BACKGROUND: Leg pain in children, described as growing pains, is a frequent clinical presentation seen by an array of health care professionals. Described since 1823, growing pains continues to puzzle practitioners, yet diagnostic criteria and evidence based treatment is available. METHODS: The medical literature has been searched exhaustively to access all articles (English language) pertaining to leg pains in children

  14. Handbook of clinical nursing practice

    SciTech Connect

    Asheervath, J.; Blevins, D.R.

    1986-01-01

    Written in outline format, this reference will help nurses further their understanding of advanced nursing procedures. Information is provided on the physiological, psychological, environmental, and safety considerations of nursing activities associated with diagnostic and therapeutic procedures. Special consideration is given to the areas of pediatric nursing, nursing assessment, and selected radiologic and nuclear medicine procedures for each system. Contents: Clinical Introduction. Clinical Nursing Practice: Focus on Basics. Focus on Cardiovascular Function. Focus on Respiratory Function. Focus on Gastrointestinal Function. Focus on Renal and Genito-Urological Function. Focus on Neuro-Skeletal and Muscular Function. Appendices.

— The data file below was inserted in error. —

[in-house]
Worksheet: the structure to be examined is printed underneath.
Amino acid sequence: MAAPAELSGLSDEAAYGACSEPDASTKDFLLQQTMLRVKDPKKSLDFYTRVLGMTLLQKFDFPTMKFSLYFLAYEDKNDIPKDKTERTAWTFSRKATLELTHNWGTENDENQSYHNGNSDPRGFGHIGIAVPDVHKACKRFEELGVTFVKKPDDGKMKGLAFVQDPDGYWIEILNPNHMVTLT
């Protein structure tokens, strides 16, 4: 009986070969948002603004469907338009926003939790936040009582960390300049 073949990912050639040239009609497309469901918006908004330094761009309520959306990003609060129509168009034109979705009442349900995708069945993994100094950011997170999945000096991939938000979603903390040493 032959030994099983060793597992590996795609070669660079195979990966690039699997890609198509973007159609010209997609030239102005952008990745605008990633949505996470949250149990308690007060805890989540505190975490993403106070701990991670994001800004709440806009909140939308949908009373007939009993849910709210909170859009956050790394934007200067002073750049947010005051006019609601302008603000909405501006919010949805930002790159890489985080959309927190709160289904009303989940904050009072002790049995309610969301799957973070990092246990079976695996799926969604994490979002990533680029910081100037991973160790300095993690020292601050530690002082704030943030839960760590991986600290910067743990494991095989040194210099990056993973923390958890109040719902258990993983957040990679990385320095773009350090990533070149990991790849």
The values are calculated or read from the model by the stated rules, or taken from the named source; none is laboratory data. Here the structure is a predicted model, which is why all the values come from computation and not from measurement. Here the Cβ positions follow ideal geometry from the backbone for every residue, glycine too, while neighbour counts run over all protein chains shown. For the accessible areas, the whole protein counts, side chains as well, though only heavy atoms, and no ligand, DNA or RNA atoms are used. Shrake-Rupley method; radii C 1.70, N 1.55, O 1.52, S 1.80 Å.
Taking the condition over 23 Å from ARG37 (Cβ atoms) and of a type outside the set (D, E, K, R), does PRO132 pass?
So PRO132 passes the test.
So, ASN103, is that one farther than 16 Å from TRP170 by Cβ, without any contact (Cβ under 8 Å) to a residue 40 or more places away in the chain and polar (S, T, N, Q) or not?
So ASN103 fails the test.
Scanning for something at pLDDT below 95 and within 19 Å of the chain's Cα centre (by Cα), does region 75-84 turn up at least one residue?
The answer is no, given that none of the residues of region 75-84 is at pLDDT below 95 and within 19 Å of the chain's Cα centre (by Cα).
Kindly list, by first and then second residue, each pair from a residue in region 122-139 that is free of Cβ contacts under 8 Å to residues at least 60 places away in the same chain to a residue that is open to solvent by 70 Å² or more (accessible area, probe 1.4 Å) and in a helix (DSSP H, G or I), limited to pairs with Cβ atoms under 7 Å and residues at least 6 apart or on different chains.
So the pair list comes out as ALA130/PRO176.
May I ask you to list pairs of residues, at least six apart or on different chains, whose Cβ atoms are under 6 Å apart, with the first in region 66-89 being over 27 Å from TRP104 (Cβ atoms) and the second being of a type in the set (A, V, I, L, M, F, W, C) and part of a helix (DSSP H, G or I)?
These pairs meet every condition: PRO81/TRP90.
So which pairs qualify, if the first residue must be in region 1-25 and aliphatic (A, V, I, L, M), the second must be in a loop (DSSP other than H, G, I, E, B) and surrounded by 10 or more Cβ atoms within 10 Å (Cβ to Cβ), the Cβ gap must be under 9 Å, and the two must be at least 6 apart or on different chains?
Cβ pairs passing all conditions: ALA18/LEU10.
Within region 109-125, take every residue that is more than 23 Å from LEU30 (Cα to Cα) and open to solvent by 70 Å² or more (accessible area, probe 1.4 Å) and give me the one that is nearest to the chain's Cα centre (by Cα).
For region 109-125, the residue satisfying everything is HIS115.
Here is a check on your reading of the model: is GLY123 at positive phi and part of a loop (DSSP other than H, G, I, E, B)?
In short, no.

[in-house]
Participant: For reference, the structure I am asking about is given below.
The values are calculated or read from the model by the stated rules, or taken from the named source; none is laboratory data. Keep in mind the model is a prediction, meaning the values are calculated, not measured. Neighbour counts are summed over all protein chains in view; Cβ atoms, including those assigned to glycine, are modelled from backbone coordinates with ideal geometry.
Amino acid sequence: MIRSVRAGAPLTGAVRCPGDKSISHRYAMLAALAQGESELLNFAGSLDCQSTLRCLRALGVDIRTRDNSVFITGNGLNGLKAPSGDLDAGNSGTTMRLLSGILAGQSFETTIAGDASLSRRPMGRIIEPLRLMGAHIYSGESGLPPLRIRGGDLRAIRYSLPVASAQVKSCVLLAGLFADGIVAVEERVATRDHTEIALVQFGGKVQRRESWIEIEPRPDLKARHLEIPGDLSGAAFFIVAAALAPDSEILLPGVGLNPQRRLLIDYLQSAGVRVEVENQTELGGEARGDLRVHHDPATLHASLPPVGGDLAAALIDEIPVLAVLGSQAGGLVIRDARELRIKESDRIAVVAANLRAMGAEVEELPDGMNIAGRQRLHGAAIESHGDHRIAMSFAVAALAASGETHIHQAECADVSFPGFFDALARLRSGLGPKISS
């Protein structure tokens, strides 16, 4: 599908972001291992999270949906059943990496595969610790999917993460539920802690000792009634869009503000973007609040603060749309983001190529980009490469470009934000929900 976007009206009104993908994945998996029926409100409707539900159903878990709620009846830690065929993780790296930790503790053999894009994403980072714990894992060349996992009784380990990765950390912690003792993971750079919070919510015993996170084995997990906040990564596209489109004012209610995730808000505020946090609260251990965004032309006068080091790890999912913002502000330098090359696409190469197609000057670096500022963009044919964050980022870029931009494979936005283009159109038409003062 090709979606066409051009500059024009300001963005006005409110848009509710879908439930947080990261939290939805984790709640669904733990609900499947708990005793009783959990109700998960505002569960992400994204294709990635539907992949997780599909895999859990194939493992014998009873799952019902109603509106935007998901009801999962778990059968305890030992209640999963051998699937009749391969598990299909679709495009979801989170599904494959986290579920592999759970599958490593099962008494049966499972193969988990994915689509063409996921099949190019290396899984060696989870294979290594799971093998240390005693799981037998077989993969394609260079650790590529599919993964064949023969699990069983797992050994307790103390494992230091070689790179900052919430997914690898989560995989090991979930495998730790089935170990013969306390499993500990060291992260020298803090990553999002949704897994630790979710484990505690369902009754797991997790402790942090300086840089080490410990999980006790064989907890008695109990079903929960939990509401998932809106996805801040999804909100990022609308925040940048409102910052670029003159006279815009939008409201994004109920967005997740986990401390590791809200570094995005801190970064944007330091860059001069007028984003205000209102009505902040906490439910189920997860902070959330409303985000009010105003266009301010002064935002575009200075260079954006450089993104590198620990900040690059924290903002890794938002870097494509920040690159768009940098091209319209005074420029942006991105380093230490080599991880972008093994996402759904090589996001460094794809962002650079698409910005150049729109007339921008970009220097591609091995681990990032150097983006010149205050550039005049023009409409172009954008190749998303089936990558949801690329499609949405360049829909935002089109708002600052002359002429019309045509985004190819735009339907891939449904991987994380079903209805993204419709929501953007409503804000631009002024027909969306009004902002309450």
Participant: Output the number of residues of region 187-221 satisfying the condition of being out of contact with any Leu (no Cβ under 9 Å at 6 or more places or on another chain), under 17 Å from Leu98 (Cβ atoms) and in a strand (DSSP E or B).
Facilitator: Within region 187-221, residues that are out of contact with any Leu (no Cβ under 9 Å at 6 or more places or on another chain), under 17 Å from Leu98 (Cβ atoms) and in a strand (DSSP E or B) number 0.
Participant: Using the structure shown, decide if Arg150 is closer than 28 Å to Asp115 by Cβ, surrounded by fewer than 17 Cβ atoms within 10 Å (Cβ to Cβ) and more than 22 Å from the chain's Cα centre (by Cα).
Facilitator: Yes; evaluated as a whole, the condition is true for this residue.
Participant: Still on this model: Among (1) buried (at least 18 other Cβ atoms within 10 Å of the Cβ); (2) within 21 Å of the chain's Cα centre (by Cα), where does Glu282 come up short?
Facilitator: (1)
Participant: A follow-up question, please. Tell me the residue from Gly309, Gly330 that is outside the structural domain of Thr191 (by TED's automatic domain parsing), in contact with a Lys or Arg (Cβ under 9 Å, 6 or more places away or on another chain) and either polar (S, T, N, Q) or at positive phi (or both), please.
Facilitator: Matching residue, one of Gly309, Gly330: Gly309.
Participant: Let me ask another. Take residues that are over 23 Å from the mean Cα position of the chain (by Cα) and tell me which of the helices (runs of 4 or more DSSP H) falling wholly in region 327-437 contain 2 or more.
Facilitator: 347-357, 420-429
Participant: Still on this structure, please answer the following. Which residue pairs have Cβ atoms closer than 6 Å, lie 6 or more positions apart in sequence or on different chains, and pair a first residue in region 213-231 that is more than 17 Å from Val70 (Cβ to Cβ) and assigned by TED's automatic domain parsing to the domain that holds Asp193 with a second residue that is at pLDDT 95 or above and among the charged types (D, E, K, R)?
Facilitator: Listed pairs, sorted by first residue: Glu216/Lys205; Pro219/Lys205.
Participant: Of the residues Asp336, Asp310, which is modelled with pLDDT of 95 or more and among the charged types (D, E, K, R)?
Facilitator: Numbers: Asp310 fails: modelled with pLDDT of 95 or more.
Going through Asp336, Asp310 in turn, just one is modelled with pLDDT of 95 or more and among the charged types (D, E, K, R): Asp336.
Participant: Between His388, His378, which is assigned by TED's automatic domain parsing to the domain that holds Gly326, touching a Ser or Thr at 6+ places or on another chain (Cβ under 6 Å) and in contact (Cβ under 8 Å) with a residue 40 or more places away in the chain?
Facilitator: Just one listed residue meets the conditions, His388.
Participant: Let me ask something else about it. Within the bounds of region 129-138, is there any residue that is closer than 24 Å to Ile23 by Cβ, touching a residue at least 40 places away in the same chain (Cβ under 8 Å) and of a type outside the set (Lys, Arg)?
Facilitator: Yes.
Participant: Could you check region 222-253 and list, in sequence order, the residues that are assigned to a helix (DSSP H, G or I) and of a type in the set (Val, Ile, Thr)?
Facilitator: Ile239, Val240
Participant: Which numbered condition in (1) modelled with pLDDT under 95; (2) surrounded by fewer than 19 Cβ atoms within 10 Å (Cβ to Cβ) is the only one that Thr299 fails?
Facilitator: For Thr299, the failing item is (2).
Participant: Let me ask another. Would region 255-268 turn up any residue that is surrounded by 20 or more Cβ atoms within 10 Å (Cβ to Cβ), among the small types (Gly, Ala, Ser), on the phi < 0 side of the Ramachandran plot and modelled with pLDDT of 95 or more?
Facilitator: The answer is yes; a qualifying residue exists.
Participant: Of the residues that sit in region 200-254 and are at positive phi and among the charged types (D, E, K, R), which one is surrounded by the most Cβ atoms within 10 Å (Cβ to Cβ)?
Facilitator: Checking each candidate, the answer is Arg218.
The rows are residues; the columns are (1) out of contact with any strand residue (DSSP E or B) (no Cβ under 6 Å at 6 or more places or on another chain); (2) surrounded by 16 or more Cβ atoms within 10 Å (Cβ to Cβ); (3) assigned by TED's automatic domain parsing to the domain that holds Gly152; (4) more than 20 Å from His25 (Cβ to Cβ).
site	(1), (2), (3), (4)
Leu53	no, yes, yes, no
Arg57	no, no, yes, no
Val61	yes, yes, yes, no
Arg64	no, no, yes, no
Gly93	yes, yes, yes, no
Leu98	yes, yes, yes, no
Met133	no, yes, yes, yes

15. Recombinant erythropoietin in clinical practice

    PubMed Central

    Ng, T; Marx, G; Littlewood, T; Macdougall, I

    2003-01-01

    The introduction of recombinant human erythropoietin (RHuEPO) has revolutionised the treatment of patients with anaemia of chronic renal disease. Clinical studies have demonstrated that RHuEPO is also useful in various non-uraemic conditions including haematological and oncological disorders, prematurity, HIV infection, and perioperative therapies. Besides highlighting both the historical and functional aspects of RHuEPO, this review discusses the applications of RHuEPO in clinical practice and the potential problems of RHuEPO treatment. PMID:12897214

  16. General recommendations on immunization --- recommendations of the Advisory Committee on Immunization Practices (ACIP).

    PubMed

    2011-01-28